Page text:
China deployed two Earth-imaging satellites to space from its Taiyuan launch facility. The country is said to have released the Long March 4B rocket hosting Huanjing-2A and Huanjing-2B satellites on Saturday. In recent years China has become notoriety in secretly launching payloads to space to avoid attracting attention from space leaders like the US. The Saturday launch was one of the missions they hoped to keep secret to distract espionage activities.
Nevertheless, China announced it has successfully deployed its payload to space through the China Aerospace Science and Technology Corp. (CASC). The country revealed the mission’s success to avoid hyperactivity in the space leaders invading their payloads through spying satellites.
The two satellites have multispectral, hyperspectral and infrared optical detectors with the purpose of monitoring the activities on Earth. The two payloads also host atmospheric rectification equipment developed by the China Academy of Space Technology (CAST). The two satellites will be substituting HJ-1A and HJ-1B, which have been in operation for the last twelve years. China explained that the satellites would be overseeing water resources, agriculture, forestry, and disaster management.
The Long March 4B rocket is a development of the Shanghai Academy of Spaceflight Technology (SAST). The academy tested the performance of the rocket model from the Jiuquan center. The engineers analyzed the rocket fins’ behavior to retry the effect of an upgrade from last year’s version. China has been a frequent deployer of unannounced missions with the latest being a test of the spacecraft booster’s reusability under supervision. Additionally, the country deployed a payload dubbed NORAD ID 46395, which will be orbiting and transmitting data back to Earth’s control centers.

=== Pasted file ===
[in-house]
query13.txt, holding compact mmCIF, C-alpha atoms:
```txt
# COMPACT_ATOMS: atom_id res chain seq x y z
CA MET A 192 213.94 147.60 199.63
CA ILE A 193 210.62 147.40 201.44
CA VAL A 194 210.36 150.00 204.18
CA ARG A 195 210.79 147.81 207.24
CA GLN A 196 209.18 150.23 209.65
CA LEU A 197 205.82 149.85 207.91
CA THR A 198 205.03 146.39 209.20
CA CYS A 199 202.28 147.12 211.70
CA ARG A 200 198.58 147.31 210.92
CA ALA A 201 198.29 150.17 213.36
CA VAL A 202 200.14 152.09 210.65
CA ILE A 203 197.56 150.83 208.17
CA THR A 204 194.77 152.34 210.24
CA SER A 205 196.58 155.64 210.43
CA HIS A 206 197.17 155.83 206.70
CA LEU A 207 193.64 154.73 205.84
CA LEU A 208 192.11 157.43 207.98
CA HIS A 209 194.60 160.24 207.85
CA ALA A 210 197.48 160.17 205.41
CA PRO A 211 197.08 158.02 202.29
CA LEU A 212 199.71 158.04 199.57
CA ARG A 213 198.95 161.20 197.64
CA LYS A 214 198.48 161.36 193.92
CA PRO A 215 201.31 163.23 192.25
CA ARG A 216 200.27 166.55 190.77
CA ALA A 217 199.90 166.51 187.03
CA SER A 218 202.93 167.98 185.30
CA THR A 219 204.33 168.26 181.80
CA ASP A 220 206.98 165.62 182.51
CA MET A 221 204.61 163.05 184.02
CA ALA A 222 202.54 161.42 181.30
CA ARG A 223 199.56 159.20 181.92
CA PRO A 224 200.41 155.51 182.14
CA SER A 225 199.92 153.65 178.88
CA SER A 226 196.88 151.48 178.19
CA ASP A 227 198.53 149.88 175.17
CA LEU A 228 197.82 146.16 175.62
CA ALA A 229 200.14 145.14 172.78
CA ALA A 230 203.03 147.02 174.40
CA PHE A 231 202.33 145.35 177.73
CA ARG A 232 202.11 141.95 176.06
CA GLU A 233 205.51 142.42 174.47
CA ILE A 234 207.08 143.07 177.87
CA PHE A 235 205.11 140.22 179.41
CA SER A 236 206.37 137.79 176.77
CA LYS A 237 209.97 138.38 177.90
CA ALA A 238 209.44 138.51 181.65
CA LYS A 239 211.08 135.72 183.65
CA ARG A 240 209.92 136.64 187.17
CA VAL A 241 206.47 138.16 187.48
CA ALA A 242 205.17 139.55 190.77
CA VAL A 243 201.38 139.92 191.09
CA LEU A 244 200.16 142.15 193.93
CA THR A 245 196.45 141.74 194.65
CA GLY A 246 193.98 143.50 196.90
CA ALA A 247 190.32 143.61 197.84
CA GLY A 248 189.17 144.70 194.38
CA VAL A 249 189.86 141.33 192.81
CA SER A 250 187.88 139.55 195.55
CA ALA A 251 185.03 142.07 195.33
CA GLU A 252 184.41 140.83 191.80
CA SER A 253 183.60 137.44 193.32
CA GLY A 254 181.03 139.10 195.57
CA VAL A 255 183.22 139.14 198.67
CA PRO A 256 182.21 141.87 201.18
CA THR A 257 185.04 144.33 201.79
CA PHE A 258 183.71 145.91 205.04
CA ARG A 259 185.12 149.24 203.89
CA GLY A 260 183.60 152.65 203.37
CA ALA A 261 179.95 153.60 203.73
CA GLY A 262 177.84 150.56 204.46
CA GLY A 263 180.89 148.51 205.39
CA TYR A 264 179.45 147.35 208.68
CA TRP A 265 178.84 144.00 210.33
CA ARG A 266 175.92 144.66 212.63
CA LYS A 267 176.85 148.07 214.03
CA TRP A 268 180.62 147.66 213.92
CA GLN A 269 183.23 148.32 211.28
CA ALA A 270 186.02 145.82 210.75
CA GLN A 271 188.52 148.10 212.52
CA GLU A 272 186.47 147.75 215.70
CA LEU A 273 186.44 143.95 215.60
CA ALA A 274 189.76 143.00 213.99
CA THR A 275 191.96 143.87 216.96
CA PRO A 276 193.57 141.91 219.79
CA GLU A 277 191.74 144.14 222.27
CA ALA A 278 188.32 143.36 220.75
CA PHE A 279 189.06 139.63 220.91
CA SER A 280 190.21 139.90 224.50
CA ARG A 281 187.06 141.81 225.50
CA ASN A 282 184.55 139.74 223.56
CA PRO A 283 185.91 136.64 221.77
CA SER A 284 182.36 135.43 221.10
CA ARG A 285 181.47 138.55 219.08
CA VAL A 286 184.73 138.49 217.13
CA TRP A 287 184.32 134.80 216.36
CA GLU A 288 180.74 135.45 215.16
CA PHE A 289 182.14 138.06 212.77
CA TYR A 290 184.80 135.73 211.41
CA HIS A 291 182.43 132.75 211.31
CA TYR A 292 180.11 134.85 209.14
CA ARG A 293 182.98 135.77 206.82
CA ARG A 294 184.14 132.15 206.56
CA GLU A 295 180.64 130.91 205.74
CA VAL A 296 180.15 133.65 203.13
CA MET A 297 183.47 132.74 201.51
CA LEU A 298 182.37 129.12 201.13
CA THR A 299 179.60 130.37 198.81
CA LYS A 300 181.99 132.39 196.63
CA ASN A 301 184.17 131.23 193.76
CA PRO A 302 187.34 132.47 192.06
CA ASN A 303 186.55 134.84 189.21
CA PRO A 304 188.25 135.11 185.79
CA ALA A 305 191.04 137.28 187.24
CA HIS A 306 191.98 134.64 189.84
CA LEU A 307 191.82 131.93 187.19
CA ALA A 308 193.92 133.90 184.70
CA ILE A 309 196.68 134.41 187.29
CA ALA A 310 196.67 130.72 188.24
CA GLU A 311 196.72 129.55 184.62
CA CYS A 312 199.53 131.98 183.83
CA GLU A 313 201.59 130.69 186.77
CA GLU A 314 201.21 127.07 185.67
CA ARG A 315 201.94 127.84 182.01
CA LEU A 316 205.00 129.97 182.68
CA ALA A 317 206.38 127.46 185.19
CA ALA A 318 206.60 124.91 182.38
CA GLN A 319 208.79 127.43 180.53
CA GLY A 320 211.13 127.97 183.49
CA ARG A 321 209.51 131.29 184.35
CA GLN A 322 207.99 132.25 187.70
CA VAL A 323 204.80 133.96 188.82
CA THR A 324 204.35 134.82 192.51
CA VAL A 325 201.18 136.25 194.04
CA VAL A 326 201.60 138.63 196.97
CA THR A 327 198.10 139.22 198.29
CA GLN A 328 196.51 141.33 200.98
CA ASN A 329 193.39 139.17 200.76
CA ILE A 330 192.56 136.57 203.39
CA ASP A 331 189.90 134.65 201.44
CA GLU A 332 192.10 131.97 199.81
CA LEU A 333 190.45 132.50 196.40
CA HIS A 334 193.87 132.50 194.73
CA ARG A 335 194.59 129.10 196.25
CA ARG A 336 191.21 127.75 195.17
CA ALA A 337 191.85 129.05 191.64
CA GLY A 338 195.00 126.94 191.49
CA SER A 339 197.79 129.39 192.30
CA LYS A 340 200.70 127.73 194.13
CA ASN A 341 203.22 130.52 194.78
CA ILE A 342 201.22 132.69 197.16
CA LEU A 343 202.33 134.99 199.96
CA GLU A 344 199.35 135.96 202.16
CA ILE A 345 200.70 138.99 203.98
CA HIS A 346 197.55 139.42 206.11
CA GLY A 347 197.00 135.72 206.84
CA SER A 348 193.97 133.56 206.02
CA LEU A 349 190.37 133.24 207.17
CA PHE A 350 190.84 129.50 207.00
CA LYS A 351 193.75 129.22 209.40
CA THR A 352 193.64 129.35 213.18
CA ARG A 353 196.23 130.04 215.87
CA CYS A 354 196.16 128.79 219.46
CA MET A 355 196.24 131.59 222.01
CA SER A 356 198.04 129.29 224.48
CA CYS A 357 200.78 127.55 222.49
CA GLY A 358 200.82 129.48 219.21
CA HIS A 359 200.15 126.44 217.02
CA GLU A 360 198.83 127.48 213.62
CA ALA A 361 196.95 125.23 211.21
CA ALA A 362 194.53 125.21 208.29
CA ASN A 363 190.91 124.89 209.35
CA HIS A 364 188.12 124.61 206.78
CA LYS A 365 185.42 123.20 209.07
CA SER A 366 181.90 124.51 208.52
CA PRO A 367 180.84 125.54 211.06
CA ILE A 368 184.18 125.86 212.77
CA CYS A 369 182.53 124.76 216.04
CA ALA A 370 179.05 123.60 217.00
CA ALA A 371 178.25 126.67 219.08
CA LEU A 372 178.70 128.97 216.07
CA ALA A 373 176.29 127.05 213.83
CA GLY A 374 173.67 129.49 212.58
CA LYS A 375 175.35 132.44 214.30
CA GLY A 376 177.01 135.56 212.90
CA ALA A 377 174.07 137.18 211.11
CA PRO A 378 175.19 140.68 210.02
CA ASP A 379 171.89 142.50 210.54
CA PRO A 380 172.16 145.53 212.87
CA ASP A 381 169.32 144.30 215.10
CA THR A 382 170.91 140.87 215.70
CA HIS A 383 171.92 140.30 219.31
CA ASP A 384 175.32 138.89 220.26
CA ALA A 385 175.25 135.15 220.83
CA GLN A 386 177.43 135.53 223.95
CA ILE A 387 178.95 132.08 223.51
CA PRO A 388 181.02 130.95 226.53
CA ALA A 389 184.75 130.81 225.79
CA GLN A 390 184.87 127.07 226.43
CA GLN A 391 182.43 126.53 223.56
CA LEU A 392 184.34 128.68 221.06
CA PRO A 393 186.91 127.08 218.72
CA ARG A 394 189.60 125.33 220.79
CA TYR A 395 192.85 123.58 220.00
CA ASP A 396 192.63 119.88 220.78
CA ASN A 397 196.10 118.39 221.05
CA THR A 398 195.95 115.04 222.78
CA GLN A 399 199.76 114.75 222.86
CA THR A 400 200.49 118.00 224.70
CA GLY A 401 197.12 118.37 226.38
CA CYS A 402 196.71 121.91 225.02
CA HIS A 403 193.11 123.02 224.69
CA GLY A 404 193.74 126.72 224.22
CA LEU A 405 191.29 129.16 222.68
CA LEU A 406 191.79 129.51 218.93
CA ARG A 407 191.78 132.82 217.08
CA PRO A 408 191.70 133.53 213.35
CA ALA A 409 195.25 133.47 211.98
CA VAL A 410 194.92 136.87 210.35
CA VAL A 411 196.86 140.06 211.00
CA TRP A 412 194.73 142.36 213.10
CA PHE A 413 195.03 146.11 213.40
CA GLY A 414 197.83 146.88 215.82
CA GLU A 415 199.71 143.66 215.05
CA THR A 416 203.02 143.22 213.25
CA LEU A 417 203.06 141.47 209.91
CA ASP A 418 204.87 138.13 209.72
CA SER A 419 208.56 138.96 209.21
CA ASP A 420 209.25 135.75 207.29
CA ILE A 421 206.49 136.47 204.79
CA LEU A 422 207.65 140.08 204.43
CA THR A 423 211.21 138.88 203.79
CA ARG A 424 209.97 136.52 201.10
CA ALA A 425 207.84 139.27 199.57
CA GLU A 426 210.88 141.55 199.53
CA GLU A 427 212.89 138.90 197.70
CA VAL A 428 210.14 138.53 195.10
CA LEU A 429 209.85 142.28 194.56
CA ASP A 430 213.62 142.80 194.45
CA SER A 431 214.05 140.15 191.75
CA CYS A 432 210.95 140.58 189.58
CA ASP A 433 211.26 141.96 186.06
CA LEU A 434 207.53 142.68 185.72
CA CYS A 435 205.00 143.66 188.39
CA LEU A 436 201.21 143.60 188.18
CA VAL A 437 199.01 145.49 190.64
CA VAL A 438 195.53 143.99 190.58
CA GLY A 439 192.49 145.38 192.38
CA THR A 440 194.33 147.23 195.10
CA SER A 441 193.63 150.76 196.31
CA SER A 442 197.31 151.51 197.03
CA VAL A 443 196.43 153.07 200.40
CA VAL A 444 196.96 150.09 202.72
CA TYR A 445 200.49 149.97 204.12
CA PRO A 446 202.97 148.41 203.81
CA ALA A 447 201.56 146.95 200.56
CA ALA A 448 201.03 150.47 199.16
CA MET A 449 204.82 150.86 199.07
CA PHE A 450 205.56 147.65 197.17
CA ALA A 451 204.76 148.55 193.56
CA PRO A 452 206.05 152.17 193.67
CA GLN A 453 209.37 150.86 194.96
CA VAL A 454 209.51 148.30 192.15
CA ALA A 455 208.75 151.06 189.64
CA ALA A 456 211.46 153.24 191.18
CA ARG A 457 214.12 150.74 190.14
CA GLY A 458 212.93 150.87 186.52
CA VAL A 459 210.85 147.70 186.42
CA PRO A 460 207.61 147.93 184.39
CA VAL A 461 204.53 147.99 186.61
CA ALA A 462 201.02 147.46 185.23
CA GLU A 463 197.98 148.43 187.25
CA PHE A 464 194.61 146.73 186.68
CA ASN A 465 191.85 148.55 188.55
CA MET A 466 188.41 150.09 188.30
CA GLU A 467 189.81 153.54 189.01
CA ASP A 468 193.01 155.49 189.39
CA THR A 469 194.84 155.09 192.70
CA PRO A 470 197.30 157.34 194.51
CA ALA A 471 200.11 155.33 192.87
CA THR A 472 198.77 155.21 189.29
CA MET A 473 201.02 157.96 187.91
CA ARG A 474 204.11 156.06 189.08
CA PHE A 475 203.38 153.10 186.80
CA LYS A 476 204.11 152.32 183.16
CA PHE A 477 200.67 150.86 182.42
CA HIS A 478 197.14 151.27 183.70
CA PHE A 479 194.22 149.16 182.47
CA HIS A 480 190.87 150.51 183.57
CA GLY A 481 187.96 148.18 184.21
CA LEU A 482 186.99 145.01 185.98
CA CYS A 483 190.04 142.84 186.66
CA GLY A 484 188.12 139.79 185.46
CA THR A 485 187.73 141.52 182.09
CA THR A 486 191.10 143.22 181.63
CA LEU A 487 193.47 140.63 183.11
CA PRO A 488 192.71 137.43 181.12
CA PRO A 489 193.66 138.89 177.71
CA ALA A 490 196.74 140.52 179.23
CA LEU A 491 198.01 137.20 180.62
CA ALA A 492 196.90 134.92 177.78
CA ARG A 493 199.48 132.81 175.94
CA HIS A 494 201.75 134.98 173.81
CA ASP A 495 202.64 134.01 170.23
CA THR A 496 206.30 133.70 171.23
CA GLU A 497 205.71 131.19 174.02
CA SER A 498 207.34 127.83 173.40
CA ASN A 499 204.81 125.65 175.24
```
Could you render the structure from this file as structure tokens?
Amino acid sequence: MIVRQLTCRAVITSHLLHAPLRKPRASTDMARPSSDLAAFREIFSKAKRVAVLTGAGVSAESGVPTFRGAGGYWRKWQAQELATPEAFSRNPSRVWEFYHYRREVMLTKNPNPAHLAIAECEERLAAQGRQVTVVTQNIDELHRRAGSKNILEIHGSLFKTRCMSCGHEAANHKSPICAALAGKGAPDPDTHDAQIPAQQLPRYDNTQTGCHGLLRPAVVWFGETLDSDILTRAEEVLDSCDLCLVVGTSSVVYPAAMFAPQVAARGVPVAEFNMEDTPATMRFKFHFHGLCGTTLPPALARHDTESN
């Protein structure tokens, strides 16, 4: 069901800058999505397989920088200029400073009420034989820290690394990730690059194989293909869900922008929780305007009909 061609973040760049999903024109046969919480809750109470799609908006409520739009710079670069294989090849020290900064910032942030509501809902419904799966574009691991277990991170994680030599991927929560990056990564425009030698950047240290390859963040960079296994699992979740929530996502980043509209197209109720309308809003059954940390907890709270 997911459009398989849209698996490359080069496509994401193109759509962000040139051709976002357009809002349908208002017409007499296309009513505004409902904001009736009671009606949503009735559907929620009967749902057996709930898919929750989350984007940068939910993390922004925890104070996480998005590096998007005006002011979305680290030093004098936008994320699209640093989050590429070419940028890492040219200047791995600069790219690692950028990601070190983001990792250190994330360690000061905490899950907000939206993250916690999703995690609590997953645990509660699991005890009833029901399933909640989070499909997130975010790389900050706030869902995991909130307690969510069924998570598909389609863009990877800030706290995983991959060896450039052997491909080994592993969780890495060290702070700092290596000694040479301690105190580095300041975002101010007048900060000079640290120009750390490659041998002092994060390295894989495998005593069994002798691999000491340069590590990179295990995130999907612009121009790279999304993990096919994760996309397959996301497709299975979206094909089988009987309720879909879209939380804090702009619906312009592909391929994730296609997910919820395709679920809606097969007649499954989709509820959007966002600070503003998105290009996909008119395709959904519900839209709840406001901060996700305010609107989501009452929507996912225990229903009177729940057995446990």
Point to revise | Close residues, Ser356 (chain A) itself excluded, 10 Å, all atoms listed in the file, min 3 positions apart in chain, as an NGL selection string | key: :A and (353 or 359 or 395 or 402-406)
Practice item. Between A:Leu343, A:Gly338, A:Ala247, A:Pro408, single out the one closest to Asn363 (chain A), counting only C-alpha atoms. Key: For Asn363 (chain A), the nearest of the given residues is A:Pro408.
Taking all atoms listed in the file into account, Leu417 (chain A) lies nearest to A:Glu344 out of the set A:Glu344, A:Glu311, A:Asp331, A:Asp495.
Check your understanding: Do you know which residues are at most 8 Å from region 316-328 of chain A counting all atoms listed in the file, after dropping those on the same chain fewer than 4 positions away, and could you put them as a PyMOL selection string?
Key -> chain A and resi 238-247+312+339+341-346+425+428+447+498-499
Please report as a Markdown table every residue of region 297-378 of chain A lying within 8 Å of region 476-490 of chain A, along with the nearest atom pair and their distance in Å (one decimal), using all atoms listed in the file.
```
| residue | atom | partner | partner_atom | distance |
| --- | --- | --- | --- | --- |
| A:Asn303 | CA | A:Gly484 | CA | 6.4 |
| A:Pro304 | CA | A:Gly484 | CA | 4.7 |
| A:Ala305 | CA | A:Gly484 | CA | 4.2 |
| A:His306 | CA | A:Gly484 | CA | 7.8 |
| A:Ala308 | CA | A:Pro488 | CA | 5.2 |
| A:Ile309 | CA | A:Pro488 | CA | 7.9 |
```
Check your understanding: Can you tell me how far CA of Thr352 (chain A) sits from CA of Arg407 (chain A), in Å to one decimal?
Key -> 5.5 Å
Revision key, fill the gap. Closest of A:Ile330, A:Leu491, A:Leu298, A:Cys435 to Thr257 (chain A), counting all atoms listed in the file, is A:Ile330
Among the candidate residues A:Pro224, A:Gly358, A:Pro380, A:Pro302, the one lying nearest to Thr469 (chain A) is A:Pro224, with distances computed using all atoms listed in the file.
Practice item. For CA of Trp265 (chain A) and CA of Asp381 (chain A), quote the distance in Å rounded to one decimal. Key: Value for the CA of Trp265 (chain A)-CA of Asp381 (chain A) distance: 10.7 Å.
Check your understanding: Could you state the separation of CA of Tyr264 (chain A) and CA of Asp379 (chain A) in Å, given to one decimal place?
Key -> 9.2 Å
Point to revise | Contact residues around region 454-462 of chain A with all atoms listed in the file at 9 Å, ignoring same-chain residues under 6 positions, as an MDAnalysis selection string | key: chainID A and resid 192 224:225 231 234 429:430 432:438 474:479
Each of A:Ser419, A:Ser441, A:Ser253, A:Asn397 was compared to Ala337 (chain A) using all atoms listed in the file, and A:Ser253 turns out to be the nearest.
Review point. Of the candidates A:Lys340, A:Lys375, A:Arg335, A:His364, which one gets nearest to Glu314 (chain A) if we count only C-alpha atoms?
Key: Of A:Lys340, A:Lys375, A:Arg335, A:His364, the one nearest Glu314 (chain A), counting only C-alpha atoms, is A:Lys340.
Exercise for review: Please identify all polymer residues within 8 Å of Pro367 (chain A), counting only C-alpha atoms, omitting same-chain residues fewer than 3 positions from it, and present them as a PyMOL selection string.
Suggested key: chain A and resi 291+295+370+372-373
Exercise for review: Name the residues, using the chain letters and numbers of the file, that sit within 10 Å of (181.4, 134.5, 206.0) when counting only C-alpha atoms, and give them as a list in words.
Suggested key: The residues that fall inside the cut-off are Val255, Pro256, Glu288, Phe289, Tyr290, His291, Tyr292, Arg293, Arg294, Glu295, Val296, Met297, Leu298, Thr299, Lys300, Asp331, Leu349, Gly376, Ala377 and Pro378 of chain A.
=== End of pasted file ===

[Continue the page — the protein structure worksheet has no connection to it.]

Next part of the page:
China deployed the Long March 11 rocket earlier in September after leaving the spaceport at the Yellow Sea. This mission deployed nine satellites under the Gaofen mission while ascending through Taiwan to the low-Earth orbit. Another secretive mission by China was the Chang’e-5 lunar mission, which informed the return of samples to the Wenchang Satellite Launch Center, which proceeded after the reception of the Long March 5 rocket elements. The operations reveal that this rocket will be leaving for its mission before December.
China has so far conducted close to 30 launches, with four being unsuccessful. In the unsuccessful ones, the country lost the Palapa-N1 satellite of Indonesia and another commercial satellite through the Kuaizhou rocket. In conclusion, CASC explained that the country plans to deploy over 40 missions by the end of this year. Additionally, the Long March 8 rocket mission will demonstrate advanced boosters, components, and thrusting power.